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Astron. Astrophys. 344, 333-341 (1999)

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1. Introduction

Recent interest in the properties of the Galactic halo arises from two important considerations. Firstly, the observations of galactic gas motions, energetic radio emission from other spiral galaxies and cosmic ray-interstellar gas interactions all appear to support a dynamic halo model, generically known as the fountain model (Shapiro & Field 1976, Kahn 1994). It has been suggested that cosmic rays may drive the vertically upward flow far out (Breitschwerdt et al. 1993). However, according to Bloemen et al. (1993), electron radiation from an edge-on spiral galaxy suggests that energetic electron acceleration and energy loss occurs close to the local disk regions, and not in the thick extended halo. The implication is that structures seen down to the resolution of 350 pc may extend far above the disk. Hence a patchy Galactic halo is plausible.

Secondly, the effect of any halo fluctuations on the diffuse soft X-ray background (SXRB) correlation function may be significant, with the additional possibility of it having an impact on the microwave anisotropy. Hot intracluster gas is an important baryonic component and may contribute up to 30% of the total gravitational mass of rich clusters (White et al. 1993). Suto et al. (1996) have suggested that a halo to our Local Group (LG) could contribute significantly to 1 keV background and also produce a measurable component of the microwave background quadrupole anisotropy. However, Pildis & McGaugh (1996) find data from other poor groups which do not support this hypothesis.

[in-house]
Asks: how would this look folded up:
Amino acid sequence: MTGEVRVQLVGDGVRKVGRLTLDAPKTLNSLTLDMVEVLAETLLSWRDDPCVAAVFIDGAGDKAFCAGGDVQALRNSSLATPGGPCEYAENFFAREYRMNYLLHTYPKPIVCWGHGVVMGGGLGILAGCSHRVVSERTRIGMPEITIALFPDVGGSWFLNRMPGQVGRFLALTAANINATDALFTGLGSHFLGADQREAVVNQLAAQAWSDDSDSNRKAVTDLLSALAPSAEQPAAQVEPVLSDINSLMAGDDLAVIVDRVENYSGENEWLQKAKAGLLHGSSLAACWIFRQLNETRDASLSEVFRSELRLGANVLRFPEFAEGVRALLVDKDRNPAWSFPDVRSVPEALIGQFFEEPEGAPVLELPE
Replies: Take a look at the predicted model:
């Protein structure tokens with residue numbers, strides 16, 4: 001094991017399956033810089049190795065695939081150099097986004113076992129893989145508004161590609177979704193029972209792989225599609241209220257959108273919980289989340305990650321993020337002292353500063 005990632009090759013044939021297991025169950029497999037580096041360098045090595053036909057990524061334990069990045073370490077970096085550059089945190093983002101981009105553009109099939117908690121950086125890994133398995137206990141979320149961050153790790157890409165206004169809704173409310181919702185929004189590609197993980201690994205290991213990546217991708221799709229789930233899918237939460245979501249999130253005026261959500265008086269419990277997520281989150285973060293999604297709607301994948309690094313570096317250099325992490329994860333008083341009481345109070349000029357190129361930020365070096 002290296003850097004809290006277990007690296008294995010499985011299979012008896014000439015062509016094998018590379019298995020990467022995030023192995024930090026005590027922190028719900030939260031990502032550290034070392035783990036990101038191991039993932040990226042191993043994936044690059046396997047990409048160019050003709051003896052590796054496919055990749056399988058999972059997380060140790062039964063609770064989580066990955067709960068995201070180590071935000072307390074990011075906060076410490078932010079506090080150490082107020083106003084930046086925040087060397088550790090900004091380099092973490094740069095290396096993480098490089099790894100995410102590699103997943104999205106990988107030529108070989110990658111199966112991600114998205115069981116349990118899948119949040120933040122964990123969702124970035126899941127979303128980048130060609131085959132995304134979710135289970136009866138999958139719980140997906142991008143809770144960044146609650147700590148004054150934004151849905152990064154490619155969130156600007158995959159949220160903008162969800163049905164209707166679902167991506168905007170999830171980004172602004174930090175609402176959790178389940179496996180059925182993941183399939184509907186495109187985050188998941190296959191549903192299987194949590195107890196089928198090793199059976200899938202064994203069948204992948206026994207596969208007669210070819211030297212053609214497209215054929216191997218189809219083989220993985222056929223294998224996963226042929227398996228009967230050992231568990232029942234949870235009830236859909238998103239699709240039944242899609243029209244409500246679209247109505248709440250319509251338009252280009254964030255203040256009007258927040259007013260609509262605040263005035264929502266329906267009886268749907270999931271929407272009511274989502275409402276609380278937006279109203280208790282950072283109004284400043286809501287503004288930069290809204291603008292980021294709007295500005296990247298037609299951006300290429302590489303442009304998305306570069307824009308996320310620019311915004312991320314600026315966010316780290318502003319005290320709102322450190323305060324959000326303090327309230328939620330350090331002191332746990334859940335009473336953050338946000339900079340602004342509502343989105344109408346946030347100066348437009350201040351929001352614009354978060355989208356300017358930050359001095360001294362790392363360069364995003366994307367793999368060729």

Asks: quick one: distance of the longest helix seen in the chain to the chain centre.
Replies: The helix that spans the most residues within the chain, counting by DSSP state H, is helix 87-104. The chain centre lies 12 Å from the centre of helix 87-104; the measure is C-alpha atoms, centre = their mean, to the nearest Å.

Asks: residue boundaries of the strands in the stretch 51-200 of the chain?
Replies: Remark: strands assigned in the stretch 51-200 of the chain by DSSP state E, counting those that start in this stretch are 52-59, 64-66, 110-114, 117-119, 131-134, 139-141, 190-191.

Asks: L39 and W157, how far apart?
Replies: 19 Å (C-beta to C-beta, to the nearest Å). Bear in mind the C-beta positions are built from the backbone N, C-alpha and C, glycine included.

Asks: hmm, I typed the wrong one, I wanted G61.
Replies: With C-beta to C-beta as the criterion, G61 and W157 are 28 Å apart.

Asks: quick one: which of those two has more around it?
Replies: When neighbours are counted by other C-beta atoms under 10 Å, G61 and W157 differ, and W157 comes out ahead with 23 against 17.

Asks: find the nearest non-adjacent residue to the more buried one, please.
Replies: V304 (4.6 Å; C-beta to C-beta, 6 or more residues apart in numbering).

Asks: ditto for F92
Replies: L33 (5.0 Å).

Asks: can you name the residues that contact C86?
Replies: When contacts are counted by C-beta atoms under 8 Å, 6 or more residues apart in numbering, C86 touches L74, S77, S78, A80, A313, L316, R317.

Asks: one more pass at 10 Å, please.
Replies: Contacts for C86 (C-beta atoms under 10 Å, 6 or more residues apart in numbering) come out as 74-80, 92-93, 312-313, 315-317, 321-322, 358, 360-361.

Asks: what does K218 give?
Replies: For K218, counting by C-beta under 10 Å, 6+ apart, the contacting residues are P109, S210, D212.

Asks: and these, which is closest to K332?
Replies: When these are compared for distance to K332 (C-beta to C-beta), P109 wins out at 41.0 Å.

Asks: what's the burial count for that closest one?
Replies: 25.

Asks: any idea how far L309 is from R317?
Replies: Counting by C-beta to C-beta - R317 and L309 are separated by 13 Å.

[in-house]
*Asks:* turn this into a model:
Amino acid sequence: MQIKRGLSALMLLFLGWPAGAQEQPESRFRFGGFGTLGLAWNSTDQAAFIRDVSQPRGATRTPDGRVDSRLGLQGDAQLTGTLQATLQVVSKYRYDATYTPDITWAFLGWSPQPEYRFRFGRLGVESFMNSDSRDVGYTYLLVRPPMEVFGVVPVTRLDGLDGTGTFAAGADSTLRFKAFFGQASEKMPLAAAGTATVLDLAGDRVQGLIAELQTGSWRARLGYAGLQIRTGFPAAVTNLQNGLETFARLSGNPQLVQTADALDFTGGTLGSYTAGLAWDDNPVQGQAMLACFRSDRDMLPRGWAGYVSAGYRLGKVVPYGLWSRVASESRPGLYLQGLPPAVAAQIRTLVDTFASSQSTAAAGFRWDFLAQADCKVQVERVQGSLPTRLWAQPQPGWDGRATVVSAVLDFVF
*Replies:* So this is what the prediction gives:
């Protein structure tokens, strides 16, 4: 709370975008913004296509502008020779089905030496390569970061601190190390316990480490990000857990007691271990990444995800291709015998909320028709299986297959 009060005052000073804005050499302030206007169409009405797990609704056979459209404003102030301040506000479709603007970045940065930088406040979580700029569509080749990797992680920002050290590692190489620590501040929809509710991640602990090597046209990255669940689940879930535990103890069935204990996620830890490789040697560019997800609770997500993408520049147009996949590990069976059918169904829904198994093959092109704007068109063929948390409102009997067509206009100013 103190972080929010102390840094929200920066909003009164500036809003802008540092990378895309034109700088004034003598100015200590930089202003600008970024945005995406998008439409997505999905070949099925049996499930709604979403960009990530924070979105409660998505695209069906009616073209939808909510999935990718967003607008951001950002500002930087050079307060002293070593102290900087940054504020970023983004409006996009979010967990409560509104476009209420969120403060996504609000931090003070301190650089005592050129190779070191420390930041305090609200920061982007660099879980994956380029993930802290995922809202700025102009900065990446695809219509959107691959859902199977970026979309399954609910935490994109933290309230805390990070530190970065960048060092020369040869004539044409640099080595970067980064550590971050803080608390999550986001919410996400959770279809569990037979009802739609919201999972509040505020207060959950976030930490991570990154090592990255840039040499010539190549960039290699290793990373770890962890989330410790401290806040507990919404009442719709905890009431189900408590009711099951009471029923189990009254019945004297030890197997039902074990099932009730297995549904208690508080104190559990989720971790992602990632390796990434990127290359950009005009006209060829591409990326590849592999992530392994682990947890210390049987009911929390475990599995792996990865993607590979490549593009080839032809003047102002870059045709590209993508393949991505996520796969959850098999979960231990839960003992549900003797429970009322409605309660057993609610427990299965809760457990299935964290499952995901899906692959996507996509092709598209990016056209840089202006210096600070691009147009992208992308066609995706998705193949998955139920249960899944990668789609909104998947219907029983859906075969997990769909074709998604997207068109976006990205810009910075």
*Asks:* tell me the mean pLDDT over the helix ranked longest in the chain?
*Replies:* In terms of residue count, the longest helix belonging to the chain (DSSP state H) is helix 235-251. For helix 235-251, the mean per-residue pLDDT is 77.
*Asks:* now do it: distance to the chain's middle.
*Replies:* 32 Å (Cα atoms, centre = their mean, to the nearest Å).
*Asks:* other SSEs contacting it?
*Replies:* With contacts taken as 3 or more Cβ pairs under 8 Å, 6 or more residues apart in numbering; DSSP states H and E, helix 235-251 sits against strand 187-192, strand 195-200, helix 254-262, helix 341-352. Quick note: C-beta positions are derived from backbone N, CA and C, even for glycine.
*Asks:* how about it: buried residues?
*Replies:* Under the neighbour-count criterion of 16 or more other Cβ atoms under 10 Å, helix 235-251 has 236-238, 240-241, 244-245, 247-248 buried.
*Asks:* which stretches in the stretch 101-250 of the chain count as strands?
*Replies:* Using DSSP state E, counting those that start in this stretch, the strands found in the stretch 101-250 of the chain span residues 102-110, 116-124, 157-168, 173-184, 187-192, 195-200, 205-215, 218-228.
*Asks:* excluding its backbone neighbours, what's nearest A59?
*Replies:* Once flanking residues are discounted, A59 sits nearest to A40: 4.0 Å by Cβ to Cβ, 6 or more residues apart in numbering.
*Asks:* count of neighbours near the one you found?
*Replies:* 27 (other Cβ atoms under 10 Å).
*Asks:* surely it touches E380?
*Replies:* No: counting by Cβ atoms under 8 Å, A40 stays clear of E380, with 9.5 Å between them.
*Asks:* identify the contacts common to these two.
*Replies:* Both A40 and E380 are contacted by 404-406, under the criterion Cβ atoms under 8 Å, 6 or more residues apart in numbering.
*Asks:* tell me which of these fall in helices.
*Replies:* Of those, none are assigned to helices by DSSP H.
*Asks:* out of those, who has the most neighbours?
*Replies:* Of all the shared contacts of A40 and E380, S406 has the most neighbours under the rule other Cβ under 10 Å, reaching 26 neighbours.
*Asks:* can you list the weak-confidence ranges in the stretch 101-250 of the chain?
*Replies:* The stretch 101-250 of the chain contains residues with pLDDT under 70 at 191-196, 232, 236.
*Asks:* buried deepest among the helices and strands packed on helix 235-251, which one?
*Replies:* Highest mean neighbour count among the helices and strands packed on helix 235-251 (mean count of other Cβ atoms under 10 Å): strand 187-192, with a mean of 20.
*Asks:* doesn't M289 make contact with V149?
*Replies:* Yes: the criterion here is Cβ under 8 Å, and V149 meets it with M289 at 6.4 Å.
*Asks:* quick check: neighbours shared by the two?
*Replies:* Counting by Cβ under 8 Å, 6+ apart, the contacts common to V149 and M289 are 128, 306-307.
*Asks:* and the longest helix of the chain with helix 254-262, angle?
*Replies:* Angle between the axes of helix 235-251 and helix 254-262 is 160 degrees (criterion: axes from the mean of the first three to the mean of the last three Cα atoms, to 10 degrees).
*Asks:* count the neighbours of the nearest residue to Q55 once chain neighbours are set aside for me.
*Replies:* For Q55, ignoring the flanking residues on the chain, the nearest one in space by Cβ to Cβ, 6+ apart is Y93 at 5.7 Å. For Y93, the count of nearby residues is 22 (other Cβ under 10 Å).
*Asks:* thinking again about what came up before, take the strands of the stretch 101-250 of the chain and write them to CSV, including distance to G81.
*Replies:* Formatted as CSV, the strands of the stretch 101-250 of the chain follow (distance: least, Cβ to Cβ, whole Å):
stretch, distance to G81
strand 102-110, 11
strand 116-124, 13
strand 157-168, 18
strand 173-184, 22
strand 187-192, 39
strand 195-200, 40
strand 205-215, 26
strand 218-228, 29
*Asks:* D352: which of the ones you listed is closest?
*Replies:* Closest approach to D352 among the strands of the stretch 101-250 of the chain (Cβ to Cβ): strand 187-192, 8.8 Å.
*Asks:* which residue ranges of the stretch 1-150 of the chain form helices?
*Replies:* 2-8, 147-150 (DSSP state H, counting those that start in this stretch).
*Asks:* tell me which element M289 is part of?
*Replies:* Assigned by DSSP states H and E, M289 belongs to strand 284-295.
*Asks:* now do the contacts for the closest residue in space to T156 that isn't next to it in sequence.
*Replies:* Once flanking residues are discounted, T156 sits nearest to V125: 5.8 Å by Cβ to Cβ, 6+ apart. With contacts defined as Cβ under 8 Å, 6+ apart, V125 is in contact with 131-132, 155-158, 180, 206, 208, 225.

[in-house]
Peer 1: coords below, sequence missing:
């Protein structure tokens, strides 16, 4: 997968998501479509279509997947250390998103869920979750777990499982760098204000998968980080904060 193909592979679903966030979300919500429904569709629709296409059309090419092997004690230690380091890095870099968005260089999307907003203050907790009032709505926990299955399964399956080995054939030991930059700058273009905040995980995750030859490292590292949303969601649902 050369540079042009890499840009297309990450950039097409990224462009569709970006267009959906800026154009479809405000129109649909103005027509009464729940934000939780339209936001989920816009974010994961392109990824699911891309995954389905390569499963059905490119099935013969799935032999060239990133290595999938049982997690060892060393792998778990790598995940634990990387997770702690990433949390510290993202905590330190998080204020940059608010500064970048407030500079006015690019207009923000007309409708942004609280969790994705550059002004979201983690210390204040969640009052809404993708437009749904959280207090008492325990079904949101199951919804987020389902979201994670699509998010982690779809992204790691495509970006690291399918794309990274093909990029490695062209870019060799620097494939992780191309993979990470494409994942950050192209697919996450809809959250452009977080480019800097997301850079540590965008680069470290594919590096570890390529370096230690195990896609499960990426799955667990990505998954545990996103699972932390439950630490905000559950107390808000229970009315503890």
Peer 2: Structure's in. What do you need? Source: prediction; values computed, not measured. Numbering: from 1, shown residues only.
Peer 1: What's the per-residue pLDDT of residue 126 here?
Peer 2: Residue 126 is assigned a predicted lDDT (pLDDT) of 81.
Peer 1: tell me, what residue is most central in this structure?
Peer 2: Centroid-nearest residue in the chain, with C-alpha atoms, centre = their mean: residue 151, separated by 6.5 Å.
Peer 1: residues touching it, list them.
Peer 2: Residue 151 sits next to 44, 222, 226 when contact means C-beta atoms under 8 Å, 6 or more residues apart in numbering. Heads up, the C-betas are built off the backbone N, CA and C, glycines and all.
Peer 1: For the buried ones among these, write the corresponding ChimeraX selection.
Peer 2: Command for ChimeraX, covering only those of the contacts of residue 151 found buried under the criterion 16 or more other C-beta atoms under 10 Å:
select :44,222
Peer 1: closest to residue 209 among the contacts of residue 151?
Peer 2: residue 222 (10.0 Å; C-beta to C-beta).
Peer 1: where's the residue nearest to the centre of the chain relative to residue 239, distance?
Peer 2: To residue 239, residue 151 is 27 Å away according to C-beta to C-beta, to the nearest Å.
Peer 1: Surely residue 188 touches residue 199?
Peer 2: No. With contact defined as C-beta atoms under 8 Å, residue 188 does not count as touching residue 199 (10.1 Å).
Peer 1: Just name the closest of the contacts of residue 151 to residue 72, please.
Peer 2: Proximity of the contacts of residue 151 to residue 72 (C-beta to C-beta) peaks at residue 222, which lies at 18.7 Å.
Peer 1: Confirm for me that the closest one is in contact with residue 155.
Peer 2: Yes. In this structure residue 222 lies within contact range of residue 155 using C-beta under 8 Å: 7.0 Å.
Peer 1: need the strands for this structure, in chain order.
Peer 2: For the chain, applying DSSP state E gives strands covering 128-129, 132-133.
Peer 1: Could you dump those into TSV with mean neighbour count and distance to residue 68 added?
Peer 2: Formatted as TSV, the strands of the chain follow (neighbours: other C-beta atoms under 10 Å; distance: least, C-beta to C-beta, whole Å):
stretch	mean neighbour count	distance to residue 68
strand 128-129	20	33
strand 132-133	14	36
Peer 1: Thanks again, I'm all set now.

The importance of low energy X-ray data in determining background mass has been highlighted by the detection of excess EUVE emission from the Coma cluster direction (Lieu et al. 1996). The authors suggest that [FORMULA]10% of the gravitational mass is in the form of rapidly cooled [FORMULA]8 . 105 K gas. This observation is dependent on correctly establishing the Galactic background and absorption effects.

In this paper we report on detailed spectral modelling which has been undertaken to better establish the mean and fluctuating components of the Local Hot Bubble (LHB), embedded disk and halo contributions to the SXRB. The data employed are from the ROSAT PSPC observations taken along lines of fixed galactic longitude. A deep observations in the Lockman hole region is also considered. The implication of our results on the galactic structure and on the cosmology-related problems is discussed.

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© European Southern Observatory (ESO) 1999

Online publication: March 10, 1999